Same method as previous. If you want to break at the entry point of the plug-in, you will need to inspect the code to see what the control panel subroutine name is, since control panels are optional and there is no standard entry-point name.
DB<1> require Modules::MyPlugin
DB<2> b Modules::MyPlugin::ctrl_panel
This section describes a few methods for understanding where a program is spending its time.
Basic benchmarking can be done two ways:
This uses the Unix time command to measure the CPU usage of the executed program. In this case, it will include the CPU overhead of running the cgi program, as well as the general overhead of loading Perl, and compiling your code. In addition to the CPU time, it also reports the real time, which will help to assess the cost of external factors such as database queries (which are executed by a different program). This will give you a general measure of the system resources that are needed to satisfy a request to ExSite in a basic CGI setup.
This uses built-in benchmarking code inside ExSite to measure code execution time only. The time does not include system, Perl compilation, or database overhead, so it is a good measure of the efficiency of your code in isolation from other factors. Note that this benchmarking method only applies to running page.cgi, not any other CGI programs.
If benchmarking a plug-in, you may want to benchmark a baseline page (with no plug-in) to compare to the benchmarks of the page with the plug-in. That allows you to factor out the general ExSite system overhead. If your plug-in code executes quickly relative to the general execution time overhead, there will be little to be gained by over-optimizing it. But if the plug-in page shows excessive time consumption relative to the baseline page, you will want to profile your code to diagnose which code blocks are responsible for the slowness.
cgi -p 'http://www.mydomain.com/cgi-bin/page.cgi?_id=1&other_data'
Follow the same procedure as if you were debugging, except the code will execute without pausing in the debugger to accept commands. You may wish to check the output to ensure that the code did in fact produce the result that you are intending to analyze. The profiling run will leave a data file in your working directory, tmon.out which contains the profiling data.
Most profile reports return the top-15 time consumers. If you wish to see more, add the switch -O N, where N is the number of time consumers you want to see (eg. -O 25).
This displays the CPU time spent in the most resource-intensive routines, exclusive of the time spent in calls from those routines. This can highlight particular routines that have costly algorithms.
dprofpp -I tmon.out
This displays the CPU time spent in the most resource-intensive routines, inclusive of the time spent in calls from those routines. This can highlight the most costly code paths, if there is a particular sequence of nested routines that collectively eat a lot of time.
dprofpp -r tmon.out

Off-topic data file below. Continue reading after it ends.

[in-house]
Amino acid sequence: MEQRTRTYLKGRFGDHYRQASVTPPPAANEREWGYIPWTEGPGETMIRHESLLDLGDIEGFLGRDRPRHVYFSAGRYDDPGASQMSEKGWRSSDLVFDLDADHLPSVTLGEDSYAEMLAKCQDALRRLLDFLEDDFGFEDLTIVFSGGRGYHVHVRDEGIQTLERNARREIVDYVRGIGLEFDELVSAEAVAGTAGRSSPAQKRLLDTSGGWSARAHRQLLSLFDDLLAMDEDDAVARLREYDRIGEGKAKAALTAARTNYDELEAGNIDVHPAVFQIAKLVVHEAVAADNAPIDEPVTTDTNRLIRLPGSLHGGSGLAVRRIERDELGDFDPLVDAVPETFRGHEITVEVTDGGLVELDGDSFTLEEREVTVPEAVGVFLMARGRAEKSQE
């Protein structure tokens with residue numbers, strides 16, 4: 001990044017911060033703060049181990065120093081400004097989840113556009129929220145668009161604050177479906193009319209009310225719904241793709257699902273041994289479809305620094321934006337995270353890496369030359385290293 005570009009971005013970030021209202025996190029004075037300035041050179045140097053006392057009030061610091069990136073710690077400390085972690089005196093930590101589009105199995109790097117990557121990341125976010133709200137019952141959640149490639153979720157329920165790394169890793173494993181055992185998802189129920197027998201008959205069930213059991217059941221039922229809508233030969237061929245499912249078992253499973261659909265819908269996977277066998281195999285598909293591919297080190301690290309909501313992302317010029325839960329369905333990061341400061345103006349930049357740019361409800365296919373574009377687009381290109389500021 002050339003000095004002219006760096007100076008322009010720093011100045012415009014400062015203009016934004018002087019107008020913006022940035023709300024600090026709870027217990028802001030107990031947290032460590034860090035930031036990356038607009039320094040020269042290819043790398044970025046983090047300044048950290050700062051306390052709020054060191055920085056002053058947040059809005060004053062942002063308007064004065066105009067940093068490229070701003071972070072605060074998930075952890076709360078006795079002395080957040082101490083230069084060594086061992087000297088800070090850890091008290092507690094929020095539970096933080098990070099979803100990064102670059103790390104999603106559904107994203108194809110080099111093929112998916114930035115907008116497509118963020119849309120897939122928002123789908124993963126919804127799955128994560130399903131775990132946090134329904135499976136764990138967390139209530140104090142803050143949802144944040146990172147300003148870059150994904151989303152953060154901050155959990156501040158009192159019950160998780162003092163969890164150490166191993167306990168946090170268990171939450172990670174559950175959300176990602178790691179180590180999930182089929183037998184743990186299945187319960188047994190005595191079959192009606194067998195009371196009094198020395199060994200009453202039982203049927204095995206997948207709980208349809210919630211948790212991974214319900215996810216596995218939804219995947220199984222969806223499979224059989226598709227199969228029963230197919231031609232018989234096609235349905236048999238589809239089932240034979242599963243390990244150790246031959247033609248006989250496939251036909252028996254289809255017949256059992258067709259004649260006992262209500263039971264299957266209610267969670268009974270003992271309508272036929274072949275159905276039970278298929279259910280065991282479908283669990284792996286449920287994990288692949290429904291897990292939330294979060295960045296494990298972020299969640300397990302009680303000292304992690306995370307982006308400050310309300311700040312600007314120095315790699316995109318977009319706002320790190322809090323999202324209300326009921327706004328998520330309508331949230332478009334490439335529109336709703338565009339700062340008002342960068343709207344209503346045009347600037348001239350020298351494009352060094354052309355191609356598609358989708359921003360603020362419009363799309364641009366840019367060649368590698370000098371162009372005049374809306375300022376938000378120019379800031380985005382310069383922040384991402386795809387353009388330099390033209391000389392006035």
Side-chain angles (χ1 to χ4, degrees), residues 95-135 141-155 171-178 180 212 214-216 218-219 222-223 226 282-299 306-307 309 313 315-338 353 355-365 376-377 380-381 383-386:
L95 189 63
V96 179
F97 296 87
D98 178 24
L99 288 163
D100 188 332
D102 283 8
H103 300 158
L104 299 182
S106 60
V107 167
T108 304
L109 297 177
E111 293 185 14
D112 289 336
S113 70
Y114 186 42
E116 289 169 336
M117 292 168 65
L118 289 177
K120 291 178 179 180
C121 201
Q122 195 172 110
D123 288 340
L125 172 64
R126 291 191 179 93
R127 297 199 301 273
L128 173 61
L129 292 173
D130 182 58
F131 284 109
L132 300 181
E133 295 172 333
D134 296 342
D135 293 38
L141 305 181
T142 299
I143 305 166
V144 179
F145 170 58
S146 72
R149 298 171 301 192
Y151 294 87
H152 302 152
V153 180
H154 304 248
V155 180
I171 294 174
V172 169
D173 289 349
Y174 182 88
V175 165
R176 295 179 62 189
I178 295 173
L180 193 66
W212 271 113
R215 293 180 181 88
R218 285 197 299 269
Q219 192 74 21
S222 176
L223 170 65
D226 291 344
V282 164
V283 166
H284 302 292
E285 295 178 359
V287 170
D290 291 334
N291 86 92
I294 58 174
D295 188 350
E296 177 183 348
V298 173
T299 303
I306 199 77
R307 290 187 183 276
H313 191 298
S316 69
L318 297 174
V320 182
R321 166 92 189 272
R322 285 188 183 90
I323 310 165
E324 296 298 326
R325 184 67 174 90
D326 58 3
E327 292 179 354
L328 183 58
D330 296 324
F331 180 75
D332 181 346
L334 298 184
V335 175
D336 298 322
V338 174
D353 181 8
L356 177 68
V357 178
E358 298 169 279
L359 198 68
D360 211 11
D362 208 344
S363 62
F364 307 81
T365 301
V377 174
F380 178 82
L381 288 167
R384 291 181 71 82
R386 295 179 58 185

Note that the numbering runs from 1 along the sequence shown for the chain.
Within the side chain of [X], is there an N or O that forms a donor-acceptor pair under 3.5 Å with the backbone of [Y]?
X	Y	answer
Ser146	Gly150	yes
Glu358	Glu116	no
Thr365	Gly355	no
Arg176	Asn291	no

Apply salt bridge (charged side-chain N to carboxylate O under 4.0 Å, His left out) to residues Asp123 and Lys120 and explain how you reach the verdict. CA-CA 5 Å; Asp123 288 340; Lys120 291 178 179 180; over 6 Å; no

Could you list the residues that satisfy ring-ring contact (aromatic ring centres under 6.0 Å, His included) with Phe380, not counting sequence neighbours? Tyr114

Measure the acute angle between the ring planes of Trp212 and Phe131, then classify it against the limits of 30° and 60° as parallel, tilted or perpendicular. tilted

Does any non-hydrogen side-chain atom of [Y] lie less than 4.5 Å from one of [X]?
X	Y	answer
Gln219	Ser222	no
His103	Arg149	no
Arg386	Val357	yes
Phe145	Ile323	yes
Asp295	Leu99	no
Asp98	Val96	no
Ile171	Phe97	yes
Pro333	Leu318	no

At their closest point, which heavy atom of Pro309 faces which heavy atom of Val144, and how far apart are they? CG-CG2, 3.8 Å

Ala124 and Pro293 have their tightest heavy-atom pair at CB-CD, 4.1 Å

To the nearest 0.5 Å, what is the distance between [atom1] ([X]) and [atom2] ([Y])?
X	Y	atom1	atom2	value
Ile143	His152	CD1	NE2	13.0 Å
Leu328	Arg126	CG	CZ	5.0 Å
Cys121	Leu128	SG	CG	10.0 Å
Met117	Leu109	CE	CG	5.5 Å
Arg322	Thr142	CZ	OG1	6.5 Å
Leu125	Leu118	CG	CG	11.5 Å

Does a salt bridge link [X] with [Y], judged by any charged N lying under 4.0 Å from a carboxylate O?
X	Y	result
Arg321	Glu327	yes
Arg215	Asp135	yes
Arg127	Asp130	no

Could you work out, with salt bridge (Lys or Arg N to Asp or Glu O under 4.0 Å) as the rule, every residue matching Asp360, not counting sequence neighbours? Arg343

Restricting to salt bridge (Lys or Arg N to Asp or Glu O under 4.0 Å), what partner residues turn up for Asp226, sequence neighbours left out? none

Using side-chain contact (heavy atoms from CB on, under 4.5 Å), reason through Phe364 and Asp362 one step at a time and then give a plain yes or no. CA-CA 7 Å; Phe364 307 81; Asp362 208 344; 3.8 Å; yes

This displays the real time spent in the most resource-intensive routines. This can highlight cases where the code is pausing for lengthly periods, waiting for data from an external source (eg. disk files or client-server calls, like SQL databases).
dprofpp -t tmon.out
This displays the complete execution path (every routine entered by the running program). This can give you a fast overview of the decisions your code is taking, and how code blocks are executed repeatedly, without having to step through the code manually.
Here are some typical culprits for time consumption. If these are the only items showing up in your profiles, your system may be working normally:
If profiling indicates that SQL queries are responsible for your performance problems, the first step to take is to get a snapshot of the SQL queries that are being dispatched.
log.db = 3
This enables full diagnostic logging on your database objects. Ensure that your db log file (usually db.log) is world-writeable, ie. mode 666. You may want to remove old log entries from this file to make it easier to inspect.
The complete list of queries may give you clues as to where inefficiencies lie, for example:
Note that if you shortcut around the ExSite database objects to execute your queries (for instance by using the DBI objects directly), then your queries will not be logged using this method.
You can execute the SQL queries directly in MySQL to measure their individual performance. MySQL will print the execution time of the query, after showing the query results. Note that due to caching of results, subsequent runs of the same query will tend to be much faster than the initial query. Pay particular attention to the first result to get a sense of the uncached performance.
Using Persistent Perl (aka SpeedyCGI) is one way to get a big performance boost out of your Perl CGI programs. One problem is that the ExSite debugging utility, cgi does not work with Persistent Perl. That is because the ExSite code is technically not being interpreted directly by Perl, so the attempts to invoke the debugger are ignored.
The simple work-around is to switch the CGI program back to basic Perl before commencing debugging work. This means changing the shebang line back to "#!/usr/bin/perl" or equivalent. Once your debugging is complete, you can revert the shebang line back to Persistent Perl.